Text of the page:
Share this blog
By Laura Valentine, Account Manager
Let’s face it, crises happen, and in our hyper-digitally connected world, brands have less time to respond than ever before. Are you prepared?
In a keynote presentation at the Exhibition and Event Association of Australasia Conference, presenter Olivia Wirth, Group Executive – Brand, Marketing & Corporate Affairs for Qantas said that brands used to have 15 minutes to respond to a crisis. Nowadays however, they only have 3 minutes to publicly respond to a situation.
In 15 minutes a senior team member could whip up a brief statement for the media and press send on the email to the editor.
But could you do it in 3 minutes?
She said that if communication was not distributed in that tight timeline, they could lose the conversation; thus losing the opportunity for the brand to direct future discussion on the topic. In a crisis, the one who leads the conversation and disseminates accurate, timely information to the public holds a position of power.
Olivia mentioned that when a fresh water pipe burst on an aircraft mid-flight, not endangering passengers, photos were posted to social media while the plane was still in the air. From those social posts, the media jumped on the story and humorously titled the incident, Lakes on a Plane. In minutes, the conversation took off across international news outlets and social media, but Qantas got cut-through by delivering a succinct statement to the media and sharing on their social channels, outlining the problem, the solution, and actions being taken. They managed to gain control of the situation and minimised damage to the brand all via swift, timely and transparent communication.
Whilst most brands are not under the public scrutiny that an iconic brand like Qantas is, the timeframe to get a form of communique out into the public forum is tight.
Would you be ready to act?
Here’s where the power of planning comes into play. No matter if you’re a small business, or an iconic Australian brand, in 2016 you need a crisis communications plan.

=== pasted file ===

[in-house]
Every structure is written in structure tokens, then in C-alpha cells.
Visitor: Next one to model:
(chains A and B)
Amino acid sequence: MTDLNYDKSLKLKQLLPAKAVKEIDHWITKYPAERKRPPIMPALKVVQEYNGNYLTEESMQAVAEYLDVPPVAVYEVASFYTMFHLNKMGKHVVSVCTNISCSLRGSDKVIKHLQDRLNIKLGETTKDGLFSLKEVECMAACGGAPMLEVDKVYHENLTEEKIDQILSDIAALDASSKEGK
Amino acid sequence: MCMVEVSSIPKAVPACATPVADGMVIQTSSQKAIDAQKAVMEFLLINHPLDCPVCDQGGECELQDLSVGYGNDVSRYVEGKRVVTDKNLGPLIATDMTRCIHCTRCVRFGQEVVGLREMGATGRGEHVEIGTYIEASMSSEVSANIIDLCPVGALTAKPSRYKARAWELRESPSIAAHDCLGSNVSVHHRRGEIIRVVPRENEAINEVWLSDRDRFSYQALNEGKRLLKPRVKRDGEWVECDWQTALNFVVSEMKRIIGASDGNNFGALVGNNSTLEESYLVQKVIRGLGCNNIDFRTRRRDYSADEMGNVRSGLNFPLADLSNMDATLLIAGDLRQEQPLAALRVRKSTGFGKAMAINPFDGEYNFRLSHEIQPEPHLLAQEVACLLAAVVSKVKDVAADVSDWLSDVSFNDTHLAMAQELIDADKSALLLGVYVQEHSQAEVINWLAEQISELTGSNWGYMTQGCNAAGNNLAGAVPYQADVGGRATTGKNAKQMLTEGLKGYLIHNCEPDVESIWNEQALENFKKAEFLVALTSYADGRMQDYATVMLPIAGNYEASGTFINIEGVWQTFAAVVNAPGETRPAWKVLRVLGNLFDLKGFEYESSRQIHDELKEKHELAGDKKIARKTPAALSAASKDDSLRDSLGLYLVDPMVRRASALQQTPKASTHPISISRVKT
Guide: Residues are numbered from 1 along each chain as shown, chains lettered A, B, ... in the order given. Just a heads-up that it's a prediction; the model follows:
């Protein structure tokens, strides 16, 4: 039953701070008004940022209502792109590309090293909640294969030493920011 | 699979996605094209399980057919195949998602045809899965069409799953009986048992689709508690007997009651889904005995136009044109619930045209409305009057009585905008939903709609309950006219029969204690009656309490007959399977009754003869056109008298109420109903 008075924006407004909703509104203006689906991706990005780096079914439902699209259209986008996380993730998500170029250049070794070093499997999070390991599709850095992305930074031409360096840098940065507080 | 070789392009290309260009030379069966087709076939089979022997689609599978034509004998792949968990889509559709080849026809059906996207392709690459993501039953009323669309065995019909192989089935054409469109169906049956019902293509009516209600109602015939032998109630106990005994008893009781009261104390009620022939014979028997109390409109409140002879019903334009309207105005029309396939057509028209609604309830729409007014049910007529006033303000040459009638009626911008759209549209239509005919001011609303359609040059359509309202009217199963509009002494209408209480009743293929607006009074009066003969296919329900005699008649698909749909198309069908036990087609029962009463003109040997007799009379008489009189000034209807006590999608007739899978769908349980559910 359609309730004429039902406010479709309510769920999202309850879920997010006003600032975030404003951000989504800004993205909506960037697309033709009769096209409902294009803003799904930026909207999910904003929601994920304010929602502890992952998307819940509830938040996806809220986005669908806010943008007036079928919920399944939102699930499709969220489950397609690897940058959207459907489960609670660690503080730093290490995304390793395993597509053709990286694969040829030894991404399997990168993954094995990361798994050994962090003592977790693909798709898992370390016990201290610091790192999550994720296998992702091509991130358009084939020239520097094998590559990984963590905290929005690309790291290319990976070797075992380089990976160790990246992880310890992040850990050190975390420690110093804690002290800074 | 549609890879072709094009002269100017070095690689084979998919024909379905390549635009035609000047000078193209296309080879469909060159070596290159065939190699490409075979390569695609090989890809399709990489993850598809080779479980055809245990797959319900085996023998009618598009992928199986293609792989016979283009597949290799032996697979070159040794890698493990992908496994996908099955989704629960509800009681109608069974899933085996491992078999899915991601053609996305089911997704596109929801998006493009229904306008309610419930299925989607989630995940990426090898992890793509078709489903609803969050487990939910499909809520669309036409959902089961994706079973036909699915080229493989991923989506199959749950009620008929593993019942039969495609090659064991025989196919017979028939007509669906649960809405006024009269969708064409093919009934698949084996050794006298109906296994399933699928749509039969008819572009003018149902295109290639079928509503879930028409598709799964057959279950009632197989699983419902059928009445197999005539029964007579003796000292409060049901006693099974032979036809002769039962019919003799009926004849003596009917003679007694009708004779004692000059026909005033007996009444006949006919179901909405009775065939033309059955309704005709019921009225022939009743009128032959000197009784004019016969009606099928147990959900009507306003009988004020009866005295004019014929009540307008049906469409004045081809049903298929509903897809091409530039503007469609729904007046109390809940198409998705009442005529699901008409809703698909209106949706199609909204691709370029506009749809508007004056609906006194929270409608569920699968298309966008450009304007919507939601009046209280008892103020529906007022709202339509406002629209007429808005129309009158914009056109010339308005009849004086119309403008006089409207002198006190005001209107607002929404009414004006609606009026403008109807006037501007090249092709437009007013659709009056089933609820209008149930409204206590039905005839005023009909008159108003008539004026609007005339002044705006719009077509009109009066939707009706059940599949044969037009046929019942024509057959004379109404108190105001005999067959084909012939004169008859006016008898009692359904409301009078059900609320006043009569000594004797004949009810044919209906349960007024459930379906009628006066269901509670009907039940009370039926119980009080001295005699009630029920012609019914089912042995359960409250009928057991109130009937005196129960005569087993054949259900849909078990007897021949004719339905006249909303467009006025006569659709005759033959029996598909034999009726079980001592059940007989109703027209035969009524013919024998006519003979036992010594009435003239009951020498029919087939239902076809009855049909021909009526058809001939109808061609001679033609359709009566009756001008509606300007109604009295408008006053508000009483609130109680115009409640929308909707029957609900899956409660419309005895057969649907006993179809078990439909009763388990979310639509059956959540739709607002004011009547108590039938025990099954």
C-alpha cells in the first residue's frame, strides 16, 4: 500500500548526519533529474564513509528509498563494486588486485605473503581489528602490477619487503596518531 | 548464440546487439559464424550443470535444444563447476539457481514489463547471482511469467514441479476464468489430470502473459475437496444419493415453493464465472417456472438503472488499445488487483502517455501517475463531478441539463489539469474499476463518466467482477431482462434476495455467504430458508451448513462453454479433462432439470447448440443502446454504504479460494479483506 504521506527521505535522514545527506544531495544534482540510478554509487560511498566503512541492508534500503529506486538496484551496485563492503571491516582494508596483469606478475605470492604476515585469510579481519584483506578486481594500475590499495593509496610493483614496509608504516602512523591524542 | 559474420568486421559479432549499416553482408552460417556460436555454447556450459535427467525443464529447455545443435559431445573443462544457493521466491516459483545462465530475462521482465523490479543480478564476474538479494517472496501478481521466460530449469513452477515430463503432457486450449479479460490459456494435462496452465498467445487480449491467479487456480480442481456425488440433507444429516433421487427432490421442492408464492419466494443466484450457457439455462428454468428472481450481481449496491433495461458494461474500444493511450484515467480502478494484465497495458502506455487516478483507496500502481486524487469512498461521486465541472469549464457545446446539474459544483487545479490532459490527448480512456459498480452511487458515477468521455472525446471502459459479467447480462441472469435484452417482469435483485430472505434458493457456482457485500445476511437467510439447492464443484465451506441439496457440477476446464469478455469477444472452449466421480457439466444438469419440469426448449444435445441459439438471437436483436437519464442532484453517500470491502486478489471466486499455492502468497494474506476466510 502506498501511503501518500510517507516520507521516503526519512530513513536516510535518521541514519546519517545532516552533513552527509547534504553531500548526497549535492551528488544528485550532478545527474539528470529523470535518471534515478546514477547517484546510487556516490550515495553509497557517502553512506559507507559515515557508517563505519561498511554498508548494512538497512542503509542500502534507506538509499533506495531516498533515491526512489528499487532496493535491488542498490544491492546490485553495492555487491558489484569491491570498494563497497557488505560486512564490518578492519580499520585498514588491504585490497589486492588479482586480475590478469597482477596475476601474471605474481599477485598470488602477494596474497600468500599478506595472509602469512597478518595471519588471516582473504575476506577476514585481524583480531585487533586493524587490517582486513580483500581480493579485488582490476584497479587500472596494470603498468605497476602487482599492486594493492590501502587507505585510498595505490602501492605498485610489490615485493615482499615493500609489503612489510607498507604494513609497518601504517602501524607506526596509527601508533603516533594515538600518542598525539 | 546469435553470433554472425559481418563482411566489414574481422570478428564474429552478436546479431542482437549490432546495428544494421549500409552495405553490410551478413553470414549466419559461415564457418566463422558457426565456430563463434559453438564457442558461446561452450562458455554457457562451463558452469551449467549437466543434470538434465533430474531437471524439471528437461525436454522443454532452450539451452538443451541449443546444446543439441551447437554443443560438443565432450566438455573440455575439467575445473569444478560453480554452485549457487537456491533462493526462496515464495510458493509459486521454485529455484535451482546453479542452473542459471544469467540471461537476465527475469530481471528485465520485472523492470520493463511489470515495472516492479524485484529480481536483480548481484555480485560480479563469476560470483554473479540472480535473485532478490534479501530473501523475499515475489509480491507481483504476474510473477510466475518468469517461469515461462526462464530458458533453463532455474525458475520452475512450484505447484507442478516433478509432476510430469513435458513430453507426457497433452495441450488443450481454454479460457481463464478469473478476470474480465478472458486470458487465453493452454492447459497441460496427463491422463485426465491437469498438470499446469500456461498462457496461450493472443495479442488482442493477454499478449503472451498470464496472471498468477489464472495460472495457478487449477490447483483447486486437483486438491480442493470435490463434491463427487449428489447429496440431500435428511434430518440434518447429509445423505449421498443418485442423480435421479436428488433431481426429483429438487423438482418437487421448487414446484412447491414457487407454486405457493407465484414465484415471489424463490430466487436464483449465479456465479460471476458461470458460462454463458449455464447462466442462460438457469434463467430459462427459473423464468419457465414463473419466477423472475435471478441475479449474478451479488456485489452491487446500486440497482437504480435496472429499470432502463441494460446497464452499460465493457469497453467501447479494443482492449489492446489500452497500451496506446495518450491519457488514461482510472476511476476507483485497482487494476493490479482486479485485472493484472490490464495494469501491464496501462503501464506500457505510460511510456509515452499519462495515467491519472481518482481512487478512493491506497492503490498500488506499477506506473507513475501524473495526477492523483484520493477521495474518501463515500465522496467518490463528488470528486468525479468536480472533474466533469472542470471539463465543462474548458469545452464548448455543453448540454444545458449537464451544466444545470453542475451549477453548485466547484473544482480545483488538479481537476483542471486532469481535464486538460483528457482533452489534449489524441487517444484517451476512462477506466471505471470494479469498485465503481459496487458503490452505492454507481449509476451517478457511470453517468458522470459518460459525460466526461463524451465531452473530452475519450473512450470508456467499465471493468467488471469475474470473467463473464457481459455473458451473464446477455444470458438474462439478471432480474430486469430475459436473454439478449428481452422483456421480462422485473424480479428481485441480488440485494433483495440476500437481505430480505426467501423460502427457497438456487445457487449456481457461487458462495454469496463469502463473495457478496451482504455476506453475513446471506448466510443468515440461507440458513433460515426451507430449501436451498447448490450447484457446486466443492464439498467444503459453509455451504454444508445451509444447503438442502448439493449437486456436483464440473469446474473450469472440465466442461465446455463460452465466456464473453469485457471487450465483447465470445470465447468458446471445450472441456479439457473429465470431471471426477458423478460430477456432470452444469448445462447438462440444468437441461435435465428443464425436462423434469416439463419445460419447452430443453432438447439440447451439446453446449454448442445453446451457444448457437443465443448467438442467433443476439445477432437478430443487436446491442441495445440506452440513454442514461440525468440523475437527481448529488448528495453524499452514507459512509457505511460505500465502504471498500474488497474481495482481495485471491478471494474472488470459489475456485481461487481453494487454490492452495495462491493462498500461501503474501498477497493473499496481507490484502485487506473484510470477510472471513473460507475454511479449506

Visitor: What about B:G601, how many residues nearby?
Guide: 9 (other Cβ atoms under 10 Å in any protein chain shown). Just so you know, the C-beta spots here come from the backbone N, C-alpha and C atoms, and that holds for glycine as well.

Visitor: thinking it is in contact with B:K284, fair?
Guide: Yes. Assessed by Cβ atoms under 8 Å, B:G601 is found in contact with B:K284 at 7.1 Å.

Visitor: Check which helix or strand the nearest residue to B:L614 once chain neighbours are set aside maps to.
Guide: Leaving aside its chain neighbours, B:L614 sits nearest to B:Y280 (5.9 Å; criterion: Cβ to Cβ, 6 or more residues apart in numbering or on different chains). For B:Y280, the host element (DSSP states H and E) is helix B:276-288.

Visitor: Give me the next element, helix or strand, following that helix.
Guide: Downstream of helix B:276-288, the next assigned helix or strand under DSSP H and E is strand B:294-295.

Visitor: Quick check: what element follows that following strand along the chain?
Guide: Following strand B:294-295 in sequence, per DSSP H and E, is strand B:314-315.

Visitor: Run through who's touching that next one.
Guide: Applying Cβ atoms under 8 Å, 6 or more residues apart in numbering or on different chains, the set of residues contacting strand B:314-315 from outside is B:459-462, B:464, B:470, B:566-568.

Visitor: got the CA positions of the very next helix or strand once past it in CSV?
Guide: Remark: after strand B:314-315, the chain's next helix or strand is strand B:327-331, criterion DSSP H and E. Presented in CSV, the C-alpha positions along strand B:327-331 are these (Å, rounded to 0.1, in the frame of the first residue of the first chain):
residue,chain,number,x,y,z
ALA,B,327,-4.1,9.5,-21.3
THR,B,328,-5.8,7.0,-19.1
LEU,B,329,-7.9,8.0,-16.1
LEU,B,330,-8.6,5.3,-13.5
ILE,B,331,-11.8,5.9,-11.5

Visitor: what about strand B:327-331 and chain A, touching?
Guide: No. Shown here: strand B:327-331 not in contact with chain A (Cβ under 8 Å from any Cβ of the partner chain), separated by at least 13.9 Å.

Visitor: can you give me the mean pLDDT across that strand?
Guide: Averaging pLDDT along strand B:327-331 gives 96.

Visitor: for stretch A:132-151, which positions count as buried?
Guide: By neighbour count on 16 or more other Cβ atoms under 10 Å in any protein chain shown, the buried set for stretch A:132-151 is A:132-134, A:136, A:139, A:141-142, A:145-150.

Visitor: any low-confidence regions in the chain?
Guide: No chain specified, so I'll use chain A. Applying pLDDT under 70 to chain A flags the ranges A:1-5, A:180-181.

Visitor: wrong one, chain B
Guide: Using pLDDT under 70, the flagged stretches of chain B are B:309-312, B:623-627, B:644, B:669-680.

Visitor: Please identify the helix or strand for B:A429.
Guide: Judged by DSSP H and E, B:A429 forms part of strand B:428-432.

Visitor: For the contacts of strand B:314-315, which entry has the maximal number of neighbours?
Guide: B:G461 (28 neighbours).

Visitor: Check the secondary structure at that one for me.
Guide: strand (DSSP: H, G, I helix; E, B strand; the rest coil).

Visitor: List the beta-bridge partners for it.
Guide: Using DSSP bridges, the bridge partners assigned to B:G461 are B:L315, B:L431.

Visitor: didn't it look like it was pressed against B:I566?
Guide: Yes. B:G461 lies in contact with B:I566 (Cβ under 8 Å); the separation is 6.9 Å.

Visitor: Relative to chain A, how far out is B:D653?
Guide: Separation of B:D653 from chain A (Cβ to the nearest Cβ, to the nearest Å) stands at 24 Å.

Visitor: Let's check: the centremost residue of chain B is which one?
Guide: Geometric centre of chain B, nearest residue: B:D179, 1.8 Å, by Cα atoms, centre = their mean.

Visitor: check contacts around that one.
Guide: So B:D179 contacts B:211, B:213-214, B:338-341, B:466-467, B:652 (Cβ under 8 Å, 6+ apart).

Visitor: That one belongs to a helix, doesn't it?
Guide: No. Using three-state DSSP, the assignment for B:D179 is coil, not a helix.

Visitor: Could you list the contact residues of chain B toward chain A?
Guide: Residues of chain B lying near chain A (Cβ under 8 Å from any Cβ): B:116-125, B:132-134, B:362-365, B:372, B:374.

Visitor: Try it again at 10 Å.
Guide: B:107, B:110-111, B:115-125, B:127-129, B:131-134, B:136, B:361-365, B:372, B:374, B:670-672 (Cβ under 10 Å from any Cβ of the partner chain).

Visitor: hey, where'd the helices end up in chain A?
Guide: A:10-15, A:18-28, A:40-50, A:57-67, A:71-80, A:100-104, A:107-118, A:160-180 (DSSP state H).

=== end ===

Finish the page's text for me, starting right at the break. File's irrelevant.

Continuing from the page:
When a crisis becomes evident, it’s essential that all communication, both internal and external is swift, consistent and transparent. Failure to communicate effectively about a crisis can be just as disastrous as failing to respond to it at all. Crises have the potential to ignite wider arguments and controversy if not handled appropriately and in a timely manner.
Mapping out a clear crisis communications plan where roles, responsibilities and actions are outlined for a range of scenarios will assist in protecting the integrity of a brand.
A crisis communications plan should outline:
- A variety of crises that are possible, for example, code red for death or serious injury, code orange for emergency services involved and code yellow for minor crises like high level complaints. These scenarios will be different for every business.
- The spokespeople, their roles, their responsibilities and contact details
- The key messages to convey
- The audiences to communicate with and communication channels
- For larger businesses, communicating internally is just as important as communicating externally, thus two plans would be required
When the plan is in place, hold a session to make sure everyone is aware of how it works. Just like you have your annual fire drill, book in an annual session to review the crisis communications plan.
Create quick reference tools for staff so everyone knows the do’s and don’ts of how and when to activate the plan.
Now, having all that in place, could you communicate what you needed to in 3 minutes?
It’s still tight, but you’d be in a much better position!
Contact Zadro to assist you in developing a tailored crisis communications plan.